France Day 7 – Saumur

In the morning, we went on a 2-hour long ride in the countryside on more ponies. We had different ponies this time, though still with ill-fitting tack. This time, it gave me cuts on my legs. I chatted up a young girl who flattered me by telling me that my French was good. She was very cool because she was young, lived in Dubai, and spoke multiple languages.

The afternoon was our special field trip to Le Cadre Noir, which is the national riding school of France. It used to be strictly military, but now it is mostly civilian. Our travel company told us to just show up between certain hours, so we did. Unfortunately they were terribly mistaken. There were specific times for each of the tours, and each tour had a different language. It was a good thing we got there fairly early, because if we had arrived much later, we would not have been able to have a tour at all. We had to leave and come back at the specific time, bu at least we got the tour.

I had extremely high expectations of these stables. Although it was interesting, I was expecting a lot more. I was expecting to see fancy people practicing fancy moves on fancy horses. Unfortunately, because it was vacation time in France, most of the horses were gone. The place holds 600 or so horses, and there were maybe 50 there?

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Outdoor arena

I think what I was probably expecting was a super fancy castle-barn. Pretty sure only billionaires have those. One day I will be a billionaire and have one too.

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Crazy stall with automatic waterers and automatic feeders

I want automated stuff too. Or staff. Lots of staff. Competent staff that will be happy because I am kind and generous.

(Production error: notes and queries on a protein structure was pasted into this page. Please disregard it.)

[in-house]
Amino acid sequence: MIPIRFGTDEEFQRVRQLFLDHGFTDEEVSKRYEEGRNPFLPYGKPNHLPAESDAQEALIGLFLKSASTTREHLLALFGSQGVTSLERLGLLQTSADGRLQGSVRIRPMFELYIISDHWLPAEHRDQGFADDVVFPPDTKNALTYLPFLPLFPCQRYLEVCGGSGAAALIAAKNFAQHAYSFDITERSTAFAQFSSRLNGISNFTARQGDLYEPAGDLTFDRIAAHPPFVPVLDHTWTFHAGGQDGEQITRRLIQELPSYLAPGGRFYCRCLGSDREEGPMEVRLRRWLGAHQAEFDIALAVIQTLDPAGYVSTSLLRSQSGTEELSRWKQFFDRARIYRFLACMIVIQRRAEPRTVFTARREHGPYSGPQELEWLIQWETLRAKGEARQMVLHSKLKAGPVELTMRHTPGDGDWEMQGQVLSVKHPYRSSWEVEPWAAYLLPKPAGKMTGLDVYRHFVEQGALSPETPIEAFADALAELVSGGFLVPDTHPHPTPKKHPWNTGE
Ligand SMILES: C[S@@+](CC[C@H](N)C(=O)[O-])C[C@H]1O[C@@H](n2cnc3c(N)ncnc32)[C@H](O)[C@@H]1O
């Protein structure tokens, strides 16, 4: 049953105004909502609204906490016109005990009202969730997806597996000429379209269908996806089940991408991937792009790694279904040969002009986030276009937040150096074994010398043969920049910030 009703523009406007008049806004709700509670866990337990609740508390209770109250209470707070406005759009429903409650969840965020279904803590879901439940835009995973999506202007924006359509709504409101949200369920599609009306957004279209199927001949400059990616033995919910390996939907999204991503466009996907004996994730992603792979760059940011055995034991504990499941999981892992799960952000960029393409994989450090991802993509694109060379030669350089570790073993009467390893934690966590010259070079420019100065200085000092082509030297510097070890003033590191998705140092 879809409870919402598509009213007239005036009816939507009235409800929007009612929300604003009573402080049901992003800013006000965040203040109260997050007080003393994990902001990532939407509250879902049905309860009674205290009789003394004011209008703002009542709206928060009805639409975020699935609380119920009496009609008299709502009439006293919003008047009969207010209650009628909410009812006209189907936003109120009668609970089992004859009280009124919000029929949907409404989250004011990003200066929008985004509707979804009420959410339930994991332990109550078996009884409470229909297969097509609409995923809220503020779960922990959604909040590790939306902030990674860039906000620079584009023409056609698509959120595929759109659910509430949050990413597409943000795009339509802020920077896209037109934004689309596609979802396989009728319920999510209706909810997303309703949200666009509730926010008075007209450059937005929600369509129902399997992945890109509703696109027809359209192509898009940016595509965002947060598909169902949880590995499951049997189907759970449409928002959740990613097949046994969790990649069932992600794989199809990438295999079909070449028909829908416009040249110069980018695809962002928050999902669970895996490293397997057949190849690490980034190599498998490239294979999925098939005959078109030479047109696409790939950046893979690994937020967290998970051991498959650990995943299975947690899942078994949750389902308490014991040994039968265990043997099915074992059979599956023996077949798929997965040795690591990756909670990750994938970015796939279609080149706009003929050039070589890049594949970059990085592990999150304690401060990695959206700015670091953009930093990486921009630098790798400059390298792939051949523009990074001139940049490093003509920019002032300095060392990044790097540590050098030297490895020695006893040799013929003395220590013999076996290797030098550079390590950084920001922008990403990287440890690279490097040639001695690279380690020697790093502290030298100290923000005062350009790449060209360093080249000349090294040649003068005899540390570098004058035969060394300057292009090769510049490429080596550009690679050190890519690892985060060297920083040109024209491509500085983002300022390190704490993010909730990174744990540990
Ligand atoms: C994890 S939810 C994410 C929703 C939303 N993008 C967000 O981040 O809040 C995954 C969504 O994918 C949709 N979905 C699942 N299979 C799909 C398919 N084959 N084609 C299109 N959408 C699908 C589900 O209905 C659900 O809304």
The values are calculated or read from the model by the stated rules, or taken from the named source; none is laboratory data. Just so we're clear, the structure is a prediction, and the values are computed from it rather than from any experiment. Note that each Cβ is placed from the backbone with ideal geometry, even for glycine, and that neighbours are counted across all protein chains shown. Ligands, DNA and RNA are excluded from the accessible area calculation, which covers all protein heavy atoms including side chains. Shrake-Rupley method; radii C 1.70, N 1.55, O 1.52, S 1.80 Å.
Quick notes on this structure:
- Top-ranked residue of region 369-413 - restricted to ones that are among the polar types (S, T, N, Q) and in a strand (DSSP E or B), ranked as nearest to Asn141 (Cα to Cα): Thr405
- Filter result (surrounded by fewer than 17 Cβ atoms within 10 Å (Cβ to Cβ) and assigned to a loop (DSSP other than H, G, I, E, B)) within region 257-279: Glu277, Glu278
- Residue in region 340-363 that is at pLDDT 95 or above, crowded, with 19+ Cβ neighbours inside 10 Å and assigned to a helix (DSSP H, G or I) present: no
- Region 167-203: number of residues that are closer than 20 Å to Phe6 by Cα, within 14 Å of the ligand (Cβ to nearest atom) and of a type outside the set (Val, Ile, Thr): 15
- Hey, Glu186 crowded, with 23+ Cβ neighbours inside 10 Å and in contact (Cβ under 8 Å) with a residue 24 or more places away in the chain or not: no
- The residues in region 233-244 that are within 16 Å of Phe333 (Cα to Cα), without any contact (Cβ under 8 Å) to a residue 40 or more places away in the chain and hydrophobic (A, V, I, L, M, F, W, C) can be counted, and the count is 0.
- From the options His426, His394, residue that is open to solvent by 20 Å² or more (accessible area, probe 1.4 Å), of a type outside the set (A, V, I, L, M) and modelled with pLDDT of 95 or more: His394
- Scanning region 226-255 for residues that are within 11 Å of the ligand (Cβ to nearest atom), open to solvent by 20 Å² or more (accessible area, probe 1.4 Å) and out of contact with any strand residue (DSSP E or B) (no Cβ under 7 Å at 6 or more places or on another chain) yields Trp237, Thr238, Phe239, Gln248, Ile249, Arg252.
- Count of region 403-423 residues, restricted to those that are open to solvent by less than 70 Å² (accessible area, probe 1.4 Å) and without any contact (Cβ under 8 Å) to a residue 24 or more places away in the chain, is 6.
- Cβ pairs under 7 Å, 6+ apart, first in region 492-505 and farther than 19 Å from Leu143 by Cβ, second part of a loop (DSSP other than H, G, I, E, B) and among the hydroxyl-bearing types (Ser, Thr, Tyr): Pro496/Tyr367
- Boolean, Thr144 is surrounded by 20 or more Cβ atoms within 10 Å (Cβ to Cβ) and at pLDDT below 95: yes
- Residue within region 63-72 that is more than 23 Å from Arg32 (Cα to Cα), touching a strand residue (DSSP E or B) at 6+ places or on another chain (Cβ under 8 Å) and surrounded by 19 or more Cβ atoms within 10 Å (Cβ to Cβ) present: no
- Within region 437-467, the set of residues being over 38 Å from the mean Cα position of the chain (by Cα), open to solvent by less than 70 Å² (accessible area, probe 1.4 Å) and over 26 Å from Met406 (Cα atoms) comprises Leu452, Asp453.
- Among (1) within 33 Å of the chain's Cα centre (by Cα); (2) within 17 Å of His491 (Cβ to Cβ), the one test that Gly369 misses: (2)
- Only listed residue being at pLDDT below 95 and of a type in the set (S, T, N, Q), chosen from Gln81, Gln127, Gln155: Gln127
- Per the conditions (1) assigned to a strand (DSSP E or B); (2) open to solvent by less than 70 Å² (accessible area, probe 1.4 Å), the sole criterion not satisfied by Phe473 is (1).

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Finally a real horse!

And lots of horses that will get spoiled by lots of people because I will run a program to help underprivileged peoples experience the awesomeness that is horses. And rescue horses. And working horses. I may be dreaming, but dreams do come true!

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Grooms’ alley. The thing in the middle is a conveyer. When they clean the stalls, they just shovel it straight on there and off it goes. Sure beats having to wheel it around!

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Where the conveyer belt goes!

And it will be a sustainable castle-farm-barn with lots of organic agriculture and bio-gas and compost and what have you. It will be the most awesome place ever! Ok, enough of what I will do in the future, and more about my actual experiences in France.

DSC_0457Part of the tour showed us the old tack they used with the horses. They have since modified the tack because it used to be extremely heavy. The saddles weighed 60 lbs or something.

Then they took us into the indoor arena where we hoped to see someone practicing. No photography would have been allowed if someone was practicing, so the following picture is disappointing.

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Indoor arena

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Painting of horses!

I am pretty much drawn to anything with horses. I can’t help it.

Upon leaving, I saw this beautiful parking job. No. No! NO! No excuse for that. I don’t care how empty the parking lot is. There is no excuse for this laziness poking my pet peeve.

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Never an excuse for bad parking.

Afterwards, we tried to find dinner, and all the restaurants told us they were full for the rest of the evening, despite being half empty. France’s definition of full, and my definition of full are completely different. My traveling companion said that maybe they were short staffed. I don’t see how that would affect the entire night of dining at multiple restaurants, but ok. We finally did find a place, but I wasn’t a fan of the food, and spent most of the time feeding it to the stray kitties. We even saved some food and came back later in the night to give it to the kitties, who were forever grateful.

DSC_0464Tontons was one of those places that refused us entry. The name always makes me laugh because “tonto” means silly/stupid in Spanish, and I hated my Tom Tom (GPS) so I would say my Tom Tom was Tonton. And in my head it all makes sense. I’m really tired, so if this is all over the place… too bad.

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